Because it’s been way too long since we’ve had some Gaga around here! 😉
Yesterday was “Radio Gaga”; today is Lady Gaga! Long-time readers know that Lady Gaga is pretty big around here, so no suprise! This is her duet with Bradley Cooper from the new version of A Star is Born. Enjoy!
Lady Gaga is a favorite here at the Chequer-Board, so enjoy an entire concert!
In the last few posts we’ve looked at several aspects of universalism: whether Hell is compatible with God’s mercy, how the saved view the damned, whether people can be said truly to choose Hell, and what this implies for our personalities.
Now as I noted here, one can argue for the traditional view of Hell (TVOH) on Scriptural or philosophical bases; and as I also noted, it doesn’t seem as if the TVOH can be defended purely on Scriptural bases. In any case, I can understand arguments of this sort even if I don’t agree with them. If one believes that a doctrine of hell is necessitated by Scripture or by philosophical reflection, I can respect that. What I’m more interested in here is motivation. In short, what is the motivation that energizes one’s belief? More to the point, what is one’s attitude towards one’s belief? Let me unpack what I mean.
Suppose I go to the doctor and he says I have cancer in my leg, and that this will require amputation. Now there are three things involved here. One, the matter of actual fact: that is, do I actually have cancer? Second is the treatment: is it necessary to remove the leg, or are there other viable treatments? Third, how do I feel about having the leg removed? Obviously, I’m going to want to establish the first two: I’m going to want to be damn sure that I do have cancer and that amputation is the only option. If these are established, then there’s no help for it. The thing is that I’m not going to be happy about the amputation per se. I’ll be happy if it rids me of cancer, because I’ll be happy to live and to have my health (other than in my leg) restored. However, I’d be a lunatic to cheer on the amputation as such. Even more so, if my doctor seemed to enjoy amputating limbs, I’d be very hesitant to have the operation done, at least by him. To be happy to help someone live by surgery is very much different from getting off on amputation in and of itself.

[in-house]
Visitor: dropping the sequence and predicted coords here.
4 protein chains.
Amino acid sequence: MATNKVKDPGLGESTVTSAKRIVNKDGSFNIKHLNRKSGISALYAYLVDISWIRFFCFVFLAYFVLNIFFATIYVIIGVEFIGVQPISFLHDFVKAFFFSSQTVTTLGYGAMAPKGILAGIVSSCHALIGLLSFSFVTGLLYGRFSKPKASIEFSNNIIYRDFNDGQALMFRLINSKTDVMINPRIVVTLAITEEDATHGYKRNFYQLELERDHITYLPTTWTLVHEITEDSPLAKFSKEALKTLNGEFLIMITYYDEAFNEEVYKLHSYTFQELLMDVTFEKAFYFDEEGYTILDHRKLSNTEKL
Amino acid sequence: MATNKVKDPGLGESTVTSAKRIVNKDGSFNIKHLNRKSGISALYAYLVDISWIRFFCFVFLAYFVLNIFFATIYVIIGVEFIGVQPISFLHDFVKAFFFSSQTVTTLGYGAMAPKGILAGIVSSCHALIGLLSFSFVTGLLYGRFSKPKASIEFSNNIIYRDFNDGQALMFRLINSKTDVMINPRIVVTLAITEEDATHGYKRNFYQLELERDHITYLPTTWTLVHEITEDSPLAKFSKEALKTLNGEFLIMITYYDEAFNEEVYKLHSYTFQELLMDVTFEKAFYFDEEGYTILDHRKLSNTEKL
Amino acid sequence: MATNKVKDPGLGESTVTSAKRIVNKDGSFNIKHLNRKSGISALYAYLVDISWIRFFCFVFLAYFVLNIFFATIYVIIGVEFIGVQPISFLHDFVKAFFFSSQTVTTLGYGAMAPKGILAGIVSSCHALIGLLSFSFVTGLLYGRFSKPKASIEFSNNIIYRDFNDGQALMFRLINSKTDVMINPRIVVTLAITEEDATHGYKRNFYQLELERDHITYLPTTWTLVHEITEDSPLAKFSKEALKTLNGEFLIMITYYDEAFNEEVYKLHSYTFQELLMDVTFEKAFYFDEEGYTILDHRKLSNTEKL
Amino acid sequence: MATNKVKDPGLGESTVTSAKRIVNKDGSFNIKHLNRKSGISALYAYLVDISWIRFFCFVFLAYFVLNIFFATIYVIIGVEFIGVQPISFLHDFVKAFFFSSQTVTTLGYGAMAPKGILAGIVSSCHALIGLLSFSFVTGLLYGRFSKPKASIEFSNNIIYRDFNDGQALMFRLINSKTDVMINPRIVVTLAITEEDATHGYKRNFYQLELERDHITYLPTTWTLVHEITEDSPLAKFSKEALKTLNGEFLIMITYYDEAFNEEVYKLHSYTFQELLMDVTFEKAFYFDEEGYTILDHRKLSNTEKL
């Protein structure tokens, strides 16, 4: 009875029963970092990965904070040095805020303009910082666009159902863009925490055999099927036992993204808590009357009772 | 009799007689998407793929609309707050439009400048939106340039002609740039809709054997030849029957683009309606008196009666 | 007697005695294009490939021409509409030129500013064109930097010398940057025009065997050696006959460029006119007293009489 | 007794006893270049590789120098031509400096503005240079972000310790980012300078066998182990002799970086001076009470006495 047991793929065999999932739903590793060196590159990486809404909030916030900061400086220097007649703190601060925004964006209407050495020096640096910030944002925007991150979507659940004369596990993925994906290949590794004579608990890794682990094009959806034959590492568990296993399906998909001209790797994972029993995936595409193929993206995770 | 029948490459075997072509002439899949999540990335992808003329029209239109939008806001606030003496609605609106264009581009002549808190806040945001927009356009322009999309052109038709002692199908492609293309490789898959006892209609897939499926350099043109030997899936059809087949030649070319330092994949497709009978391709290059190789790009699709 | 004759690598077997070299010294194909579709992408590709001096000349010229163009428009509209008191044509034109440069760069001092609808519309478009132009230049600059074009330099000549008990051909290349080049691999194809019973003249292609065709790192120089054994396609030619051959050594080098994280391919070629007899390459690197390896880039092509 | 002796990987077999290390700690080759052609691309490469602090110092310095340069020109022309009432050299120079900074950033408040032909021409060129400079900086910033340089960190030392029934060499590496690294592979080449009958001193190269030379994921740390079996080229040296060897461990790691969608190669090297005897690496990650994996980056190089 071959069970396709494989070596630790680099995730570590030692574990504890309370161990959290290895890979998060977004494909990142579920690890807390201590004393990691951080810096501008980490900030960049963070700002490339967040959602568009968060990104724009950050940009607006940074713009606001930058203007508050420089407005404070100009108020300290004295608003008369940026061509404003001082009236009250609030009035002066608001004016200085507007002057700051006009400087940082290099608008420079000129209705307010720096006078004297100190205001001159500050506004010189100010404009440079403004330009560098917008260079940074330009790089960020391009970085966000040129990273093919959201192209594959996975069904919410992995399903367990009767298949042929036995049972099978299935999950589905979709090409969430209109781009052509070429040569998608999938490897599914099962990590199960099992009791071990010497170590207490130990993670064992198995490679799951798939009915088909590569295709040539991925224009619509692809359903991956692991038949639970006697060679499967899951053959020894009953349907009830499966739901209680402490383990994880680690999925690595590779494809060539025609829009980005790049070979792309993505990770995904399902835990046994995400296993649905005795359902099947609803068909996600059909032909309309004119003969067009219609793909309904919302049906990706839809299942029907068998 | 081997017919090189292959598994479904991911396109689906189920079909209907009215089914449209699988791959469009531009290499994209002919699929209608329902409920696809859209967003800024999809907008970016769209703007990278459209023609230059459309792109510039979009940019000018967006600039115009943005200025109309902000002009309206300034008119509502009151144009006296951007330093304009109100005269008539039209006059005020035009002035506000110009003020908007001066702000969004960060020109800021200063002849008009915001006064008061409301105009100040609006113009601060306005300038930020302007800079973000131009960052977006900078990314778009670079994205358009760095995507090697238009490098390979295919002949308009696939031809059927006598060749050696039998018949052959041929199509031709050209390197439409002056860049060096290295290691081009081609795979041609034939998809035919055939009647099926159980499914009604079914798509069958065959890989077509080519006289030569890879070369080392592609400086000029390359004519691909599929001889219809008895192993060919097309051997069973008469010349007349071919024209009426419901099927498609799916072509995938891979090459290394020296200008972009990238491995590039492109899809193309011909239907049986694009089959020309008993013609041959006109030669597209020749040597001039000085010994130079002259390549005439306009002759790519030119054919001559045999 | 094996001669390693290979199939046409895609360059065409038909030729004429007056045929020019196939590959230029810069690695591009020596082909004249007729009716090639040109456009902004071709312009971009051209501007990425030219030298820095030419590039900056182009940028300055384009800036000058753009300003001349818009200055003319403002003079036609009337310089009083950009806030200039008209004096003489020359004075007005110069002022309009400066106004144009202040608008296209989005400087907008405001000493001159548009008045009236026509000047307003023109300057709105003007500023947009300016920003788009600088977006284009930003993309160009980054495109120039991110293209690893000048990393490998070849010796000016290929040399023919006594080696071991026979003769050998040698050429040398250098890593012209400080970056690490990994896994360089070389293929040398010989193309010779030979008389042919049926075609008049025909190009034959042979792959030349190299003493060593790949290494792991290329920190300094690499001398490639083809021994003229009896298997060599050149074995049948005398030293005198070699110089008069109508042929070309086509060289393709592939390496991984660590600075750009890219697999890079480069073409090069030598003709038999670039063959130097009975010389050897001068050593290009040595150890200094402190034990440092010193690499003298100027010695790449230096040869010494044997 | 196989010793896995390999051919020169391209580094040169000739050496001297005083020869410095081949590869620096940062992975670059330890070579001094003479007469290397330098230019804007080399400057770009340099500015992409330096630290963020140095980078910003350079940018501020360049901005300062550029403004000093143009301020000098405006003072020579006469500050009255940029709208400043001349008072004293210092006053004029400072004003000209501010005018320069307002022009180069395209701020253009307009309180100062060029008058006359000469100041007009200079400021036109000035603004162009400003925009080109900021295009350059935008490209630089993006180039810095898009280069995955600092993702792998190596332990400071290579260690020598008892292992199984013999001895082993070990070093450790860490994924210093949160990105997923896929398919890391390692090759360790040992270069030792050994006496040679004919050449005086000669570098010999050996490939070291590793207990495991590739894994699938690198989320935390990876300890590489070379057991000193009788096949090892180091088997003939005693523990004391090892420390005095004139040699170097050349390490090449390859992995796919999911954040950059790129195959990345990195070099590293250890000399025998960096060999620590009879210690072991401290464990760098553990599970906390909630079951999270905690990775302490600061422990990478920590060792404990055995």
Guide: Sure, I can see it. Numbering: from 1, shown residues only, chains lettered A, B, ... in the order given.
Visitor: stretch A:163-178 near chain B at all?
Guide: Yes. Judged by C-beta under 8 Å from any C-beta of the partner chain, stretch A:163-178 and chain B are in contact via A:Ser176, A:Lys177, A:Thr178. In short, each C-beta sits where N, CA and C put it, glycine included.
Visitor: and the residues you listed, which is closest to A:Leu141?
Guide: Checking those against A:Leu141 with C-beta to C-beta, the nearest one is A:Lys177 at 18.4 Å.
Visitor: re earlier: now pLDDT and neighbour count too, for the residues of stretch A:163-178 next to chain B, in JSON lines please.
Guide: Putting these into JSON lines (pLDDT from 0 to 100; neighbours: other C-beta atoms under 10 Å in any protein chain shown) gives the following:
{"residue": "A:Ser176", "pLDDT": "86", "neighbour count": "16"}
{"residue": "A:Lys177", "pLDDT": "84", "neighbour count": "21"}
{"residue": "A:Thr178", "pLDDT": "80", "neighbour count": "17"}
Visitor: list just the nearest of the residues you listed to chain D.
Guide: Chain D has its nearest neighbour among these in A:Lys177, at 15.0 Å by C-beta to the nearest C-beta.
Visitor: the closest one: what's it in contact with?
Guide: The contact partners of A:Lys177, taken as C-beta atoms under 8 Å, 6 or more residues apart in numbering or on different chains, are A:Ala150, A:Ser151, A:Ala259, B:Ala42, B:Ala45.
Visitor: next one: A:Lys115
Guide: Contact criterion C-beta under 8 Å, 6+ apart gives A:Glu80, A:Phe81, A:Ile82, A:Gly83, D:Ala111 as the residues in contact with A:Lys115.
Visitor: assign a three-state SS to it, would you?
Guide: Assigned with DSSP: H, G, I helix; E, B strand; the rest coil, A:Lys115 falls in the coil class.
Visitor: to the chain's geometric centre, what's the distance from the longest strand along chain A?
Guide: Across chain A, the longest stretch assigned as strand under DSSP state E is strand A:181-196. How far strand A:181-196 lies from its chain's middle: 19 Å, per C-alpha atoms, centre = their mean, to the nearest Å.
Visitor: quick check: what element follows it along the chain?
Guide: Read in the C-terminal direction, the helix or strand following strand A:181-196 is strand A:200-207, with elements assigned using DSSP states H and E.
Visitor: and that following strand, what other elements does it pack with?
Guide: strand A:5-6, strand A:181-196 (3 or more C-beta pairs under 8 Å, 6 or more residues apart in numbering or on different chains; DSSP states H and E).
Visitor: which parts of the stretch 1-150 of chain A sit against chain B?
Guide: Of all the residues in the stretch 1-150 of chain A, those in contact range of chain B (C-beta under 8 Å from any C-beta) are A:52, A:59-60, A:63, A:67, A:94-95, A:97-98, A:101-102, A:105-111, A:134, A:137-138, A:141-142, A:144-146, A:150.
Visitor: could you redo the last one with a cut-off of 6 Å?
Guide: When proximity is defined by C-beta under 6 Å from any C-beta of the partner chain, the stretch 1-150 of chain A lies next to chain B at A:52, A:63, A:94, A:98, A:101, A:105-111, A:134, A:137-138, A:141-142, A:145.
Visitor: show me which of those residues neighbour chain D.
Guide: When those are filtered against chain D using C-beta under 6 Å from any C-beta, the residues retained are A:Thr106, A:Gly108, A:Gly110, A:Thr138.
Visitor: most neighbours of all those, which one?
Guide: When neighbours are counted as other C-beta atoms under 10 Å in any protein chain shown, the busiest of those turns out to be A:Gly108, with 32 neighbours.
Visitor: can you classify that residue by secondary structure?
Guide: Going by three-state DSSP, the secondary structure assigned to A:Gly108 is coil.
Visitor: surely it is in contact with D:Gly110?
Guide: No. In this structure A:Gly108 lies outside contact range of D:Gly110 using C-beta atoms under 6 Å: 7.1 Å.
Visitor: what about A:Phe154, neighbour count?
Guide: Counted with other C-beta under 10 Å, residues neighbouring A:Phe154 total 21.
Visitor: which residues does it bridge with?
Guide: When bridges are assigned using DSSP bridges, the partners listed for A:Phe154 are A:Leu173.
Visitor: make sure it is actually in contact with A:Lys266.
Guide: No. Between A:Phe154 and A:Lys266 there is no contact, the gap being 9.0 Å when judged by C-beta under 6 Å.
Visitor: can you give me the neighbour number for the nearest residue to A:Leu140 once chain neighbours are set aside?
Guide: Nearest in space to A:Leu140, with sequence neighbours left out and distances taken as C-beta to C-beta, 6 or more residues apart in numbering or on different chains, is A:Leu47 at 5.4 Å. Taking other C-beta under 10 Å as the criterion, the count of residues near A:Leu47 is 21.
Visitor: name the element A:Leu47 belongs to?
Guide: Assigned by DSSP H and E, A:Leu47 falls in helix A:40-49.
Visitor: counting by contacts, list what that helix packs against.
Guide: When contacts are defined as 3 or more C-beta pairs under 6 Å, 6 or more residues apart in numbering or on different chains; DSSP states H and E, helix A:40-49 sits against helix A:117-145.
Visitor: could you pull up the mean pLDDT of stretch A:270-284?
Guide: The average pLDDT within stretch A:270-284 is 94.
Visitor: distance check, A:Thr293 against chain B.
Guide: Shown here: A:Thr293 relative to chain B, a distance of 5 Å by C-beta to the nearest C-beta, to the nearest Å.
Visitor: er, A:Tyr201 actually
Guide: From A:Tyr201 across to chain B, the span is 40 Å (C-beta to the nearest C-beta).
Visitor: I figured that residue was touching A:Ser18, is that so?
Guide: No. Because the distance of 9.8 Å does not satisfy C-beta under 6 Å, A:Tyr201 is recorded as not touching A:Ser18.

This is where, in discussions about hell, I find the attitude of supporters of the TVOH very much interesting. I can understand that one might, in light of one’s study of Scripture and of philosophy, feel compelled to believe in hell as traditionally understood, just as an oncologist, on the basis of his expertise, diagnoses cancer. I can also understand that there can be differences of opinion among equally skilled experts. Just as one exegete might argue for the TVOH and another against, so different doctors might disagree as to whether the leg, in the above hypothetical, actually needs to be amputated, or whether some other treatment might work. What I don’t get is the attitude. If my doctor said, “Good news! We gotta take the leg!” it would be grossly understating it to say I’d be taken aback and appalled. However, this cheery, positive attitude seems to be the exact attitude of many who support the traditional view of hell. Perhaps I shouldn’t say “cheery”; but they do invest much emotional energy into supporting hell.